New York City: What’s Your Story? Six Word Memoirs at the New York Public Library
Tuesday, November 10, 2009, 5:00 p.m.,
Stephen A. Schwarzman Building, 5th Avenue at 42nd Street, Manhattan
The “New York City: What’s Your Story” event engages audience members in the memoir-writing process through an evening of stand-up storytelling. Participants will be faced with the challenge of limiting their life story to six words: a rewarding exercise for writers of all levels. Editors of SMITH magazine and past contributors to the magazine SMITHTeens will also discuss their experiences in memoir-writing to complement the storytelling session. Attendees can submit their unique six word memoir ahead of time through email and Facebook or bring their piece to the event to share. The event will be held in the South Court Auditorium. Submissions should be emailed to events@nypl.org or through the Facebook page, http://bit.ly/6wordsNYPL.

Peter Apfelbaum and New York Hieroglyphics
Friday, November 13, 7:30 p.m.,
New York Public Library for the Performing Arts, Manhattan
Peter Apfelbaum and NewYork Hieroglyphics will perform selections from the commissioned work “Aural Histories” as part of the Duke Jazz Series. Apfelbaum formed the New York Hieroglyphics, an 11 piece group, in 2003 from his sextet he started in 1998 after moving to Brooklyn. Their album, It is Written, was recorded in 2004.The New York Hieroglyphics group was based off Apfelbaum’s first Hieroglyphics group, which was created as a vehicle for composing and exploring non-traditional musical forms during his senior year at Berkeley High. As a composer and multi-instrumentalist, Peter Apfelbaum has performed with Steven Bernstein, Trey Anastasio, Dafnis Prieto, Josh Roseman, and Kamikaze Ground Crew.

Meet the Author: Malinda Lo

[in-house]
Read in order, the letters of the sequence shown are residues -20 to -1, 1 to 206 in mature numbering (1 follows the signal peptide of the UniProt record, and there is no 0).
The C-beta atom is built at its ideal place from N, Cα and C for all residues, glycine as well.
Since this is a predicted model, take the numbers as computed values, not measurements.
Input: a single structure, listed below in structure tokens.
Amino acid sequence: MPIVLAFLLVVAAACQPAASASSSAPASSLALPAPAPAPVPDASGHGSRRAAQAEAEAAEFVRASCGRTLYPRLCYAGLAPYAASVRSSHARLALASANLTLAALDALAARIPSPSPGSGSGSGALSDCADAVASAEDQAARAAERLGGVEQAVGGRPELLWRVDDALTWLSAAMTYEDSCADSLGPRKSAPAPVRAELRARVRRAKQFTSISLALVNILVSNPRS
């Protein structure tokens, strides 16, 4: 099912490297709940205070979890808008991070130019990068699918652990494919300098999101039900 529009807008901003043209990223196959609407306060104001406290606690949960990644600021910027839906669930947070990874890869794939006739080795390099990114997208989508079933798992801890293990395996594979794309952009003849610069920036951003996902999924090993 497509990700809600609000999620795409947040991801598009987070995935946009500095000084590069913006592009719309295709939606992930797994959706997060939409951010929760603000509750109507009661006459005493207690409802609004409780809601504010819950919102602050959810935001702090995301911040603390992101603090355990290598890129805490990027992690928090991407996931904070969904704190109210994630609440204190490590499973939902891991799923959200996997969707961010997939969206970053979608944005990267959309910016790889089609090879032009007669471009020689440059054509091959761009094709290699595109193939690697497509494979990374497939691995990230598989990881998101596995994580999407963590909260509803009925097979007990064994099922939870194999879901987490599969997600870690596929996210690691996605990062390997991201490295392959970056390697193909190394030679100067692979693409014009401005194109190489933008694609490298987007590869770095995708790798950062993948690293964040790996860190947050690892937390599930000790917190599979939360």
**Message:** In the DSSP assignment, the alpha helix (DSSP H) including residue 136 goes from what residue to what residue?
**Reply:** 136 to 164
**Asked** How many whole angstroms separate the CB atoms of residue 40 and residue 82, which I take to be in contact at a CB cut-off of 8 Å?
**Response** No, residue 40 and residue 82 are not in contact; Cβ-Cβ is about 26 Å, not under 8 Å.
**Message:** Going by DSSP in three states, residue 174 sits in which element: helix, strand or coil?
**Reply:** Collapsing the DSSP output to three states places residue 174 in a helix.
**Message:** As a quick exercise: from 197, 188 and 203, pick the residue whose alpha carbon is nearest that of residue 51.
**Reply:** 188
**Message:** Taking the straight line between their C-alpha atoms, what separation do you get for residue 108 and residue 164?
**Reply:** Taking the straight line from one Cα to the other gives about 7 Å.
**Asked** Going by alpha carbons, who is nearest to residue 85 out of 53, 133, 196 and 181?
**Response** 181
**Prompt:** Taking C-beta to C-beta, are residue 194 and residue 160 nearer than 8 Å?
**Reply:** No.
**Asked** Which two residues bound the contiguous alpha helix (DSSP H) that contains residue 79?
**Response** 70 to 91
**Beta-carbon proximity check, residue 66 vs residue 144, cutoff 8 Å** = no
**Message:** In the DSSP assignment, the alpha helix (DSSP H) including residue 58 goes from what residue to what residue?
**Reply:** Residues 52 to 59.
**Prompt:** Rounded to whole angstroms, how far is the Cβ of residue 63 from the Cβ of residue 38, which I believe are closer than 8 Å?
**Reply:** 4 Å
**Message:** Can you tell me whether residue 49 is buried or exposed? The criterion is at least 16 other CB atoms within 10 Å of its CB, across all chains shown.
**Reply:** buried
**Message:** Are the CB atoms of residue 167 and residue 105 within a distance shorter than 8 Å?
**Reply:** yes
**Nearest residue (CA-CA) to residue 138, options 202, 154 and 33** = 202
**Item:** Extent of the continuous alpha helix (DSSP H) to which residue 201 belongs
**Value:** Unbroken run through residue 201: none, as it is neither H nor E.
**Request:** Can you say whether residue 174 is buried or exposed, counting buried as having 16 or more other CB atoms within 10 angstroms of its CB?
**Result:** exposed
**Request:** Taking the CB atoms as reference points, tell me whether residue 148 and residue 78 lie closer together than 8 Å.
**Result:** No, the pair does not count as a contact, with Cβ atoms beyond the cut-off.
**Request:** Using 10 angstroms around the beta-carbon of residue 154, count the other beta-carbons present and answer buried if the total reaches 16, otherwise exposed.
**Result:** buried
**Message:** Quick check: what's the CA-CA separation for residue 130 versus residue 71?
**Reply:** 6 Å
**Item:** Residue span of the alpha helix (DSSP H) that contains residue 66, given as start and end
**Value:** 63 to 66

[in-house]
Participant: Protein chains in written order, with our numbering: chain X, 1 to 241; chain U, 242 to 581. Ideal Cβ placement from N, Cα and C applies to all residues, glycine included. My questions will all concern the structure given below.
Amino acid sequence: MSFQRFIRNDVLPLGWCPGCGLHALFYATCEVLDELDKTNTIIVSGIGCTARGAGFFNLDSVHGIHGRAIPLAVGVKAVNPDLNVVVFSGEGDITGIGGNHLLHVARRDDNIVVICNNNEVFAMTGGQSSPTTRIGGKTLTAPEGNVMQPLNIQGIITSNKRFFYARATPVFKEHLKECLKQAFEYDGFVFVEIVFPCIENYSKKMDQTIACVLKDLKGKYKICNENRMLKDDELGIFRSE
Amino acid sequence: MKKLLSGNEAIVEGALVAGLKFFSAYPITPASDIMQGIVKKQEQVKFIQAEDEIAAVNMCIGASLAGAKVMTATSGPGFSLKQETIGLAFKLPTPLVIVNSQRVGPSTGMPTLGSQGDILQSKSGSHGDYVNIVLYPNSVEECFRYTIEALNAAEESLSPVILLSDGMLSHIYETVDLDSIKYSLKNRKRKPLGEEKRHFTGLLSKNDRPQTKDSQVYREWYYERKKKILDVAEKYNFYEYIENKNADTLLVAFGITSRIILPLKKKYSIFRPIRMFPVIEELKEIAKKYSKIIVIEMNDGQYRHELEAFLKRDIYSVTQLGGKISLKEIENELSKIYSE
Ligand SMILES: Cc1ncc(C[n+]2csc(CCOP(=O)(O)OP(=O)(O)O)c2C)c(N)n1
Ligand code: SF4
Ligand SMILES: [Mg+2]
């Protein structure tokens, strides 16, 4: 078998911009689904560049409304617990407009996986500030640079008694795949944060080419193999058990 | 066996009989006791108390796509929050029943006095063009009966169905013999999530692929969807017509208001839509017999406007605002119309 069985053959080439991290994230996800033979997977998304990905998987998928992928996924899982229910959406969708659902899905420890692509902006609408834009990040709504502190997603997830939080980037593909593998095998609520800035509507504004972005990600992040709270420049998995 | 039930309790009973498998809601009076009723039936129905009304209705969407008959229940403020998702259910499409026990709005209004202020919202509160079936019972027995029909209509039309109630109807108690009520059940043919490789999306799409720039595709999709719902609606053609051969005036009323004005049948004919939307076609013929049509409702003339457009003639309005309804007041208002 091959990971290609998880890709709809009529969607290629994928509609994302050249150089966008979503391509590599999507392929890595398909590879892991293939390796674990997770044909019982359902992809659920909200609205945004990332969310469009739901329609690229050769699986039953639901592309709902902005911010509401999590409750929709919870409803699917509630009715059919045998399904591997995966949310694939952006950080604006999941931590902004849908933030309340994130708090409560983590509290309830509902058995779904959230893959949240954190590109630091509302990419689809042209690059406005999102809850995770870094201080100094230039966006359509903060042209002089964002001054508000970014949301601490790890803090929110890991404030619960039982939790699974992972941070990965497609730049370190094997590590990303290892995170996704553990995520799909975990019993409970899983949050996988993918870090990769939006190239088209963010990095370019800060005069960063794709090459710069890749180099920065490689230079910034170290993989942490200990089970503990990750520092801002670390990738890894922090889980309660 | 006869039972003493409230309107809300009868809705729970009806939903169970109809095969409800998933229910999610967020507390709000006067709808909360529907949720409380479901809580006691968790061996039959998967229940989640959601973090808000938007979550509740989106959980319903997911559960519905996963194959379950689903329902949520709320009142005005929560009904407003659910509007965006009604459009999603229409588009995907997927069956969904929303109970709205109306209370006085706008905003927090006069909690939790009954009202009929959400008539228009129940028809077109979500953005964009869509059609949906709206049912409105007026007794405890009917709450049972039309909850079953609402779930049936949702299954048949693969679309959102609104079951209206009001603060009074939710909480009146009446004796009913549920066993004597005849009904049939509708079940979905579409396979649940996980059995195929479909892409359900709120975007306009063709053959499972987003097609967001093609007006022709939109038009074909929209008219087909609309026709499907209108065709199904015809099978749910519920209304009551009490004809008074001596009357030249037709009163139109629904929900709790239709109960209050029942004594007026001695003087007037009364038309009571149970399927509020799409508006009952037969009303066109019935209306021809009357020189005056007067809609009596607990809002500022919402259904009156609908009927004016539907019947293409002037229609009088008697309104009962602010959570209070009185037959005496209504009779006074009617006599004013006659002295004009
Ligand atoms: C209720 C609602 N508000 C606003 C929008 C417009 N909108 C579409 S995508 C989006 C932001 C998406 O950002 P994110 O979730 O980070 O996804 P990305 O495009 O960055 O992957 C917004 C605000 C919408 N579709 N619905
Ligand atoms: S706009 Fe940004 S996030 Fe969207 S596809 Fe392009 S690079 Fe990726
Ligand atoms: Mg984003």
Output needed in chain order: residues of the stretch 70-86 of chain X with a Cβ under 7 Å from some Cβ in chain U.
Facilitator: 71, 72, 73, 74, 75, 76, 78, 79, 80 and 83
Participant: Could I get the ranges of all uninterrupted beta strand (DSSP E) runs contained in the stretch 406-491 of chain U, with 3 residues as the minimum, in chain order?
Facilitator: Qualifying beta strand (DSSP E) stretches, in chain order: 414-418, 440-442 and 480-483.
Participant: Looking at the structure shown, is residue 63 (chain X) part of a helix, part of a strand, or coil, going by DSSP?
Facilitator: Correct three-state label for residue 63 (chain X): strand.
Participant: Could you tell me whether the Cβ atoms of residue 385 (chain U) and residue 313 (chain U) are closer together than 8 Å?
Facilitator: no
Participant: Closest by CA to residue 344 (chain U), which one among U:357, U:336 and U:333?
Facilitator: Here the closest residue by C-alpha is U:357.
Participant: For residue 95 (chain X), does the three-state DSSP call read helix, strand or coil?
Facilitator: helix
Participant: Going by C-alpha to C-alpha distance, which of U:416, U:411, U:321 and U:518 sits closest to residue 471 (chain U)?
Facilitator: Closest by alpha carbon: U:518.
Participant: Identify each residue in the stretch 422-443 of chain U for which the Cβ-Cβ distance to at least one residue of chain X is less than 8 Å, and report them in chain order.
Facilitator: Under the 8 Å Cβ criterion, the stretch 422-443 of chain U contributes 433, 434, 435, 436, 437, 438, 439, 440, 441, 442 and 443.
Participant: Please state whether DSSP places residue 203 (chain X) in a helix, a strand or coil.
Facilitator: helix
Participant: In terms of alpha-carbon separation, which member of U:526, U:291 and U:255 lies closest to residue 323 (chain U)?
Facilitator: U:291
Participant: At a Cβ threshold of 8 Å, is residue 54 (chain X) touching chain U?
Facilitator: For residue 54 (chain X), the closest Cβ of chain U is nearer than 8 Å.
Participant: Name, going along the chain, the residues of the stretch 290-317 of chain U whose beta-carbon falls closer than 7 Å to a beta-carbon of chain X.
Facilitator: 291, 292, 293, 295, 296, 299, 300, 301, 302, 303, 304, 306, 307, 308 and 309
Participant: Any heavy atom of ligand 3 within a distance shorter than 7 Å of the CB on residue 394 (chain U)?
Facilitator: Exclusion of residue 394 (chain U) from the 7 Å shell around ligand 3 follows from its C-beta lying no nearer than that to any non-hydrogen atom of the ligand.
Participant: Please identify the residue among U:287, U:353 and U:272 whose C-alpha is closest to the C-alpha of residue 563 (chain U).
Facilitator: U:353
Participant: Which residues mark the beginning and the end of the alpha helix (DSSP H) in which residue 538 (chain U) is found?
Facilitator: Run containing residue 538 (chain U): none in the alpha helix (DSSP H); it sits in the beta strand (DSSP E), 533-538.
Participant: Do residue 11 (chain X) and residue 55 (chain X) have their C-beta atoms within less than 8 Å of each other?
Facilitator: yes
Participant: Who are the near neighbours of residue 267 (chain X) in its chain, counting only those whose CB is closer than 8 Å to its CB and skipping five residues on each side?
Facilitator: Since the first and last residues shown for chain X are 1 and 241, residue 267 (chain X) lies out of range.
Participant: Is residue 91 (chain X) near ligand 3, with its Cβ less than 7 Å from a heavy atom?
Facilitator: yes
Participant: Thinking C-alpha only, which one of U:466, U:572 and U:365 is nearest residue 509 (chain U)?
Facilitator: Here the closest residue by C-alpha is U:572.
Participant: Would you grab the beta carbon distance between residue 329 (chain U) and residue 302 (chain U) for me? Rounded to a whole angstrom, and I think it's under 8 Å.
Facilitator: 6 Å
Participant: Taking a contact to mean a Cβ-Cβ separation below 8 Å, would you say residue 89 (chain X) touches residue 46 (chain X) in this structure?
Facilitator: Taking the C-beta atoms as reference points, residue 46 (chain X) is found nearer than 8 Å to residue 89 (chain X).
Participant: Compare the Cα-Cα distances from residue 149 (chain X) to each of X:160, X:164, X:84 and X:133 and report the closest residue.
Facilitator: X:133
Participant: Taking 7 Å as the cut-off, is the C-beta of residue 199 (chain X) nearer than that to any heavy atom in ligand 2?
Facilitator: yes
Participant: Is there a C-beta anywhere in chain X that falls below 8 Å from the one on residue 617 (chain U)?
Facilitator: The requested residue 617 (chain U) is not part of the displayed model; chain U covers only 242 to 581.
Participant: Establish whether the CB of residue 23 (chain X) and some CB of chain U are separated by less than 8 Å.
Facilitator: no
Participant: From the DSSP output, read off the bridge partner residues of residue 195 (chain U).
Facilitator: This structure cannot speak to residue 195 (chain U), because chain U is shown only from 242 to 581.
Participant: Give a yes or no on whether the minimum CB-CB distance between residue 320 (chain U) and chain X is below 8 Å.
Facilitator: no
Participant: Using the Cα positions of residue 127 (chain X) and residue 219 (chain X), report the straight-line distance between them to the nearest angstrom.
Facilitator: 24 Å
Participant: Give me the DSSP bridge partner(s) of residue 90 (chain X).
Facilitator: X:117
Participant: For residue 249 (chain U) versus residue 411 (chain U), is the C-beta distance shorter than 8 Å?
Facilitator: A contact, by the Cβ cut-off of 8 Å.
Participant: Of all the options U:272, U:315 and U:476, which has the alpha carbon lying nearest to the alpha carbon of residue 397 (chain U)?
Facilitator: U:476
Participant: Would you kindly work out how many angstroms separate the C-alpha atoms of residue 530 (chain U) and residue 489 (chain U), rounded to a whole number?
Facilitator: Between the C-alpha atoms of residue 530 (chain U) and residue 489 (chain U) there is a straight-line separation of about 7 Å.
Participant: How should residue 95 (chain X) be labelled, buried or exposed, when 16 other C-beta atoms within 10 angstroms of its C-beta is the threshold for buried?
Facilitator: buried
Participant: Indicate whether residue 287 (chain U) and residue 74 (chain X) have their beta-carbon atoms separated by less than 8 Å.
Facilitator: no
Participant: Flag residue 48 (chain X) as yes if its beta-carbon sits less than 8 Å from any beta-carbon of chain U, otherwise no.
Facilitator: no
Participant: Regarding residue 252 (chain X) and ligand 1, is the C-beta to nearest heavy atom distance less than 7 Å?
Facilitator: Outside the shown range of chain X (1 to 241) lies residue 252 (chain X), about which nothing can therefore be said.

Wednesday,November 18, 4:00 p.m.,
96th Street Branch, 112 East 96th Street, Manhattan
This Meet the Author session will feature Malinda Lo as she discusses her novel, Ash. In her first novel, the main character (Ash) faces a choice between responsibility and love as she is torn between the world of Faerie and the world of the Huntress. Find out what's next for Ash and Kaisa, as Malinda Lo talks about her writing and answers questions. Malinda Lo, as the managing editor of AfterEllen.com, the largest entertainment news website for lesbian and bisexual woman, won the Sarah Petit Memorial Award in 2006 for Excellence in LGBT Journalism from the National Gay and Lesbian Journalist s Association. The program is for ages 12 to 18.


Highlighted Movie Screenings for the November

Comedy Film Series: Cheaper By the Dozen (1950)
Friday, November 6, 2:00 p.m.,
58th Street, 127 East 58th Street, Manhattan
The 1950s classic Cheaper by the Dozen, based on the real life story of the Gilbreth family, is known for its collection of amusing anecdotes, tracing the lifestyle of a large family.

10 (2002)
Monday, November 9th, 6:00 p.m.,
Jefferson Market, 425 Avenue of the Americas, Manhattan